If you think about it, this is an ideal way to live.  I have friends, both real and virtual. I love my family.  I enjoy being with all of them, but when I am alone, I am happy, too.

So please don’t feel sorry for me. Don’t feel you need to invite me to dinner if my husband is out of town.  I’m good.

Well, It’s Over, and It’s Just Begun…

November 10, 2008

The election is now behind us, and we can move on to what I’ve been missing for a long, long time: HOPE.

Yes, there is hope. Hope that our country can get back on track.

That we can restore the constitutional rights that have been decimated by the current administration.

That we can begin, carefully, to regain the respect of the rest of the world.

That we can, in spite of the terrible shape the economy is in, restore some semblance of fairness in the economy – where big business will not reap the rewards of tax cuts at the expense of “the little guy”; where huge corporations will be forced to pay their share, and the “bottom line” will not be all that matters.

That we can begin to undo some of the damage done to the environment, without pretending that global warming is a myth.

That we can stop depleting forests and rivers and the ocean and the glaciers all in the name of progress, with the actual goal being the pursuit of $$$.

That we can once again be assured that ignorance is not preferable to science.  Stem cell research can save lives, and sound ecological research may help to save the earth.  Evolution is real, and hiding our heads in the sand is not a good choice.  Birth control is necessary, especially in developing countries. We cannot “un-know”.

Hope.  Something I have not felt for a very long time.

Cautiously, yes, but I do have hope.

A Very Strange Dream

August 17, 2008

Last night, or early this morning, to be more precise, I had a very odd dream. I am currently trying to sell my house, and full of thoughts on what I’d buy if I could, etc., so this dream is not surprising in concept, but the details are way out there.

The dream:

We bought a house, fully furnished, in an unfamiliar area. The house was a huge old New England mansion of sorts… white clapboard on the outside, and countless rooms inside. The house was somewhat rundown, but beautiful in a way.  I can still see the interior in my mind. We entered through the back door, and there was, immediately, a bedroom. That was strange. I figured we could change it to a family room. We passed through numerous rooms, all interconnected in a bizarre way. There must have been 8 or 10 bedrooms of varying sizes, some with king-sized beds, some single, and some bunk beds. A few of my friends were there, and they went about claiming rooms. The whole set up was odd, as you had to go through rooms to get to other rooms. I do not recall a single hallway.

The rooms were all fully decorated. Some of the beds had frilly bedspreads, and others were rather stark. There was a kitchen, somewhat old fashioned.

We decided to explore the neighborhood. Our house was on Keith Street (no clue where that came fromI don’t even know a Keith), and had a big stone wall in the front. We walked to a little downtown area, with tennis courts and a community pool. We entered a clubhouse, and found ourselves in a maze of shops and bars and restaurants, and it was dark. Everyone was Hispanic (I am not). We found a place (arena?) where men were playing what appeared to be lacrosse , but when I asked a player, he said “We are trying to kill each other”. After peeking through the windows, I realized he meant that literally. They were bashing one another with the sticks, and many were bruised and bleeding. I turned away, not wanting to watch.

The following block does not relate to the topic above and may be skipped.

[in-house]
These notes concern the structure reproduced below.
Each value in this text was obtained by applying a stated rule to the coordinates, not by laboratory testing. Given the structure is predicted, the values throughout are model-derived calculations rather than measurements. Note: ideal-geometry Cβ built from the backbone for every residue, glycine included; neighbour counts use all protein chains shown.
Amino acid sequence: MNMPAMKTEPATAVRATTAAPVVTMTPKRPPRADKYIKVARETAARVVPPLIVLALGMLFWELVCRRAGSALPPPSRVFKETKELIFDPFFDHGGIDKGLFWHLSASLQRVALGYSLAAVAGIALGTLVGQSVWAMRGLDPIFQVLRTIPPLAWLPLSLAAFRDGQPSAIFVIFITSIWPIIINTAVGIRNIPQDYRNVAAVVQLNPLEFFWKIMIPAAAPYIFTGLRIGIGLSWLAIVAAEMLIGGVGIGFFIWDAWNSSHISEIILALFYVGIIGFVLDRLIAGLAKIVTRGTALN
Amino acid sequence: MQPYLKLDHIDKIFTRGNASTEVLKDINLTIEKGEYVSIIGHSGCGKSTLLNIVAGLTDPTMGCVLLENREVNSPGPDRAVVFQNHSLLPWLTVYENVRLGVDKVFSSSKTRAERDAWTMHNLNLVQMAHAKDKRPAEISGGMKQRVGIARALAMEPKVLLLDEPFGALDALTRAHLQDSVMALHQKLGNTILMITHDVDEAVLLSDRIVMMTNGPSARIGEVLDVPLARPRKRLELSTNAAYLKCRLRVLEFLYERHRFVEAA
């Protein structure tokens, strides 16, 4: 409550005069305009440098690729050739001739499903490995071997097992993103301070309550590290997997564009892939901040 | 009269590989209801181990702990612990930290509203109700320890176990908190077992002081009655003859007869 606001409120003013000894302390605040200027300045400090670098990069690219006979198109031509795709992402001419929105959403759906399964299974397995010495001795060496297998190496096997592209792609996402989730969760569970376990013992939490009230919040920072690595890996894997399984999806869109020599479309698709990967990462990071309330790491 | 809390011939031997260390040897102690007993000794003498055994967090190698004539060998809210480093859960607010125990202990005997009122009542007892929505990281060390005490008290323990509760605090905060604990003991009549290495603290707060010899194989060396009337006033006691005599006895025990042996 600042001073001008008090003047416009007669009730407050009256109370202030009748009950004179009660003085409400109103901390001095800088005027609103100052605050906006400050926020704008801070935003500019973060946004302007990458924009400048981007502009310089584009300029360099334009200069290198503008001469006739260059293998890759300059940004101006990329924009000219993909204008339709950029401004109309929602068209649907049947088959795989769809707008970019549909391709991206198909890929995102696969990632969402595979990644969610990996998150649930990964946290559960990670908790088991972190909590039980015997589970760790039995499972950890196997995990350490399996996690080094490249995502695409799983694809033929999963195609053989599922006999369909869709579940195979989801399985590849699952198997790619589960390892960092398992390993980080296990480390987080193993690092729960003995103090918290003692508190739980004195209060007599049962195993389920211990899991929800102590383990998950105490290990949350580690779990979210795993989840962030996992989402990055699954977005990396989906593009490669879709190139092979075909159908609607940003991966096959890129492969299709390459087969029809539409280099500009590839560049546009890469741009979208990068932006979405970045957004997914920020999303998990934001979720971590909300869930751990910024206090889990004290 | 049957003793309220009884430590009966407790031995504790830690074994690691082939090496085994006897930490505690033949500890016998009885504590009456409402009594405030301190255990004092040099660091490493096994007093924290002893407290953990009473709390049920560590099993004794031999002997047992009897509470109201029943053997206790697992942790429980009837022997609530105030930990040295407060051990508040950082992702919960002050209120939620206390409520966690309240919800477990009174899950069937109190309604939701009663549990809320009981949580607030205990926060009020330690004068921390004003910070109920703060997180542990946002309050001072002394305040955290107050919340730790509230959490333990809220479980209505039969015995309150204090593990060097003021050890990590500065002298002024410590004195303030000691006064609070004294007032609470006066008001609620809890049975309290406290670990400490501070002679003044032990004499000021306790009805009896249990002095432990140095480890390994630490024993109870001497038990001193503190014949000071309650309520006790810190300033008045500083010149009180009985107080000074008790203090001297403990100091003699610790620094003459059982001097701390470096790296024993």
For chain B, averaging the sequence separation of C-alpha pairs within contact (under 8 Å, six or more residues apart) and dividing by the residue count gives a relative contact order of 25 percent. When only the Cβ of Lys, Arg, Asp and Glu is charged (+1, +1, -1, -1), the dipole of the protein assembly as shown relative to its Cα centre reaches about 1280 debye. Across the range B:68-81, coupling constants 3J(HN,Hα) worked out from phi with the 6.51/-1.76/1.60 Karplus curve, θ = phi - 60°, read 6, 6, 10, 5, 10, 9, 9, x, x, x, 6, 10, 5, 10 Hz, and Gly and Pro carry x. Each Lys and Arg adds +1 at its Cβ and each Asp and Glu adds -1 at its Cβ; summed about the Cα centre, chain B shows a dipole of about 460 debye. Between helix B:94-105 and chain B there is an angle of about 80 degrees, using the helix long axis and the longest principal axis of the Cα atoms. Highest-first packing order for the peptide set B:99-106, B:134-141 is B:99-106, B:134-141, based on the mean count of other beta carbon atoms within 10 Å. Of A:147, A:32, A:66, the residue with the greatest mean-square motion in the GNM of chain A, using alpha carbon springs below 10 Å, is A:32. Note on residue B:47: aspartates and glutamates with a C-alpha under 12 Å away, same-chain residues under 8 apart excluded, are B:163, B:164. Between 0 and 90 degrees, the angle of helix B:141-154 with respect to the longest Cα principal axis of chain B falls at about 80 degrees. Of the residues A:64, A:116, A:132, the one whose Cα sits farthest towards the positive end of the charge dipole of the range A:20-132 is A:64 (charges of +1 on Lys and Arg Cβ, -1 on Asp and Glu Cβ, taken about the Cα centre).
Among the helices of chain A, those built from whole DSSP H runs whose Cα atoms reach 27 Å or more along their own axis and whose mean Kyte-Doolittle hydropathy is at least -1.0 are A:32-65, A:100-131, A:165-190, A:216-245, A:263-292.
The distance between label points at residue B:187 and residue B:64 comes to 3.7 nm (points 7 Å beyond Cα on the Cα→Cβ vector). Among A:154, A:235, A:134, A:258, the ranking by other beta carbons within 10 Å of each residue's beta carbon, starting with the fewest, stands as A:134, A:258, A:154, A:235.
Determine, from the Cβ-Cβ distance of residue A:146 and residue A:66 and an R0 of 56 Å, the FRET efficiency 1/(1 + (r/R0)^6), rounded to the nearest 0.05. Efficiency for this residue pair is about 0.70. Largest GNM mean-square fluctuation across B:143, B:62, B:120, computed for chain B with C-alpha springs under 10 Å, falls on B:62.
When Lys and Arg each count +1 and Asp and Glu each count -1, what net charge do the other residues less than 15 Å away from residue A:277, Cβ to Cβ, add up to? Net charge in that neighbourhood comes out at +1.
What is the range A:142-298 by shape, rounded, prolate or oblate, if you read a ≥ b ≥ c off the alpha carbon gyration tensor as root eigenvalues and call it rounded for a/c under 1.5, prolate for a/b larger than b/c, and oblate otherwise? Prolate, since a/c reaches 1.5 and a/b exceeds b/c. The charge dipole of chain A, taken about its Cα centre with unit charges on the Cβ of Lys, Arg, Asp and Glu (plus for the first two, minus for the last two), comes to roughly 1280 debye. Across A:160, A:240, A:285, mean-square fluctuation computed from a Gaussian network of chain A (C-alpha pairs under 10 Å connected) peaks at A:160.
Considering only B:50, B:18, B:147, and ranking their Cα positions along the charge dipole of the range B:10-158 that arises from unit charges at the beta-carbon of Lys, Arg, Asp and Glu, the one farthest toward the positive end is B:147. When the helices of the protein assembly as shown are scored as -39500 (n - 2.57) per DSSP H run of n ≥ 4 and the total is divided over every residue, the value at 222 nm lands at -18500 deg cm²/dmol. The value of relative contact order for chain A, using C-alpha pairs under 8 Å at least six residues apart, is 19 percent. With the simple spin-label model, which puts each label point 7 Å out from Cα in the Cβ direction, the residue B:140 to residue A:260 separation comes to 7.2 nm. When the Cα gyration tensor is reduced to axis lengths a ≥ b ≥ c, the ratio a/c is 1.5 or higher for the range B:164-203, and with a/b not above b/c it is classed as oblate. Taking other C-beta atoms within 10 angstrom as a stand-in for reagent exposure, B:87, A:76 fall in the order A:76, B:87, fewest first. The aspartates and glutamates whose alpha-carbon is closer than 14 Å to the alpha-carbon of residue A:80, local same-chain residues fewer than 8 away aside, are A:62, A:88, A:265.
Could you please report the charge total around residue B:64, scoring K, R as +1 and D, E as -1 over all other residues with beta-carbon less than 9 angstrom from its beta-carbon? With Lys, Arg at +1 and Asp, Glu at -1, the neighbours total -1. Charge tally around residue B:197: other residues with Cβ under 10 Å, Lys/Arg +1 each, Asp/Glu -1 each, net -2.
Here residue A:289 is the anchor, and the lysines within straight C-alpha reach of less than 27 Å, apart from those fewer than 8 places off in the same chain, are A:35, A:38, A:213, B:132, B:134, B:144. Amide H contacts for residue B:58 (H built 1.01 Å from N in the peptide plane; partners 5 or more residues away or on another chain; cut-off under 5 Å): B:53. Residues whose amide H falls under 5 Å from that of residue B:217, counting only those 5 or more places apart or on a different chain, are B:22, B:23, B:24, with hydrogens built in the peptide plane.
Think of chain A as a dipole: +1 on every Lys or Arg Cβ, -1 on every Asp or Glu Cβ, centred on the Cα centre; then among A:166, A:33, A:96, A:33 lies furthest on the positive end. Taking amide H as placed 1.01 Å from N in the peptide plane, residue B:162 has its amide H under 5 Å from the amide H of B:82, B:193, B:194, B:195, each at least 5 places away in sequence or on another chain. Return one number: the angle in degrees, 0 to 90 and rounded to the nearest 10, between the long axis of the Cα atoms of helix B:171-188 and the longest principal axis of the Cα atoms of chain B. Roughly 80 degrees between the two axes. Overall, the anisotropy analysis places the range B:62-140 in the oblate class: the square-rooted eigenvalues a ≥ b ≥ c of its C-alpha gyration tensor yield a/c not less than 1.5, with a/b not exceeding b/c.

We wandered on, and realized we were in a very dangerous part of town, and we were being stalked by gangs of men. We tried hiding behind partitions, and sneaking through dark doorways. This seemed to go on for the longest time. Finally, we came to a store (the interior was like Macy’s!) and a woman offered to help us. She showed us a way out, and asked a young Hispanic couple to help us.

We managed to get back to the house, but some of the Hispanic men were there.  One seemed to be the leader, and he had a young son with him. I figured I should make friends with him, so I offered him a back bedroom with a full kitchen attached. I told him it would be a nice place for his son, and they would have their own space. He seemed pleased.

A problem arose when I could not find a bathroom. I searched and searched, all the while, getting more and more upset. Finally, the woman from the store told me there was one, and she took me there. She warned me to be quiet, because I was not supposed to be there. I went in and sat on a really odd shaped toilet, and peed. When I was done, I still felt like I had to pee, so I sat there.  Someone else came in and made me leave.

I woke up and had to pee so bad I thought I’d die!


(Yeah, I know what that final bit is about, but what about the rest of it????)

The Death of The American Dream

August 1, 2008

This economy is so frightening!  Nearly all of us are affected in some way by the situation in this country, and it is rarely in a good way.

Last night I had an eye-opening conversation with a young mother.  She works in day care, and is currently job hunting.  I naively thought that this was one field that would not bear the brunt of a sluggish economy, but I was wrong.  When a two-parent household has one party laid off, the children no longer need day care.  When both are still working, but money gets tighter, one of them will switch to nights, thus negating the need for day care.  This woman must find a job where she is allowed to take her kids to work with her when school is out, because on her salary, she cannot afford day care for them.

This appears to be a true barometer of the situation, and as mentioned, one I had never considered.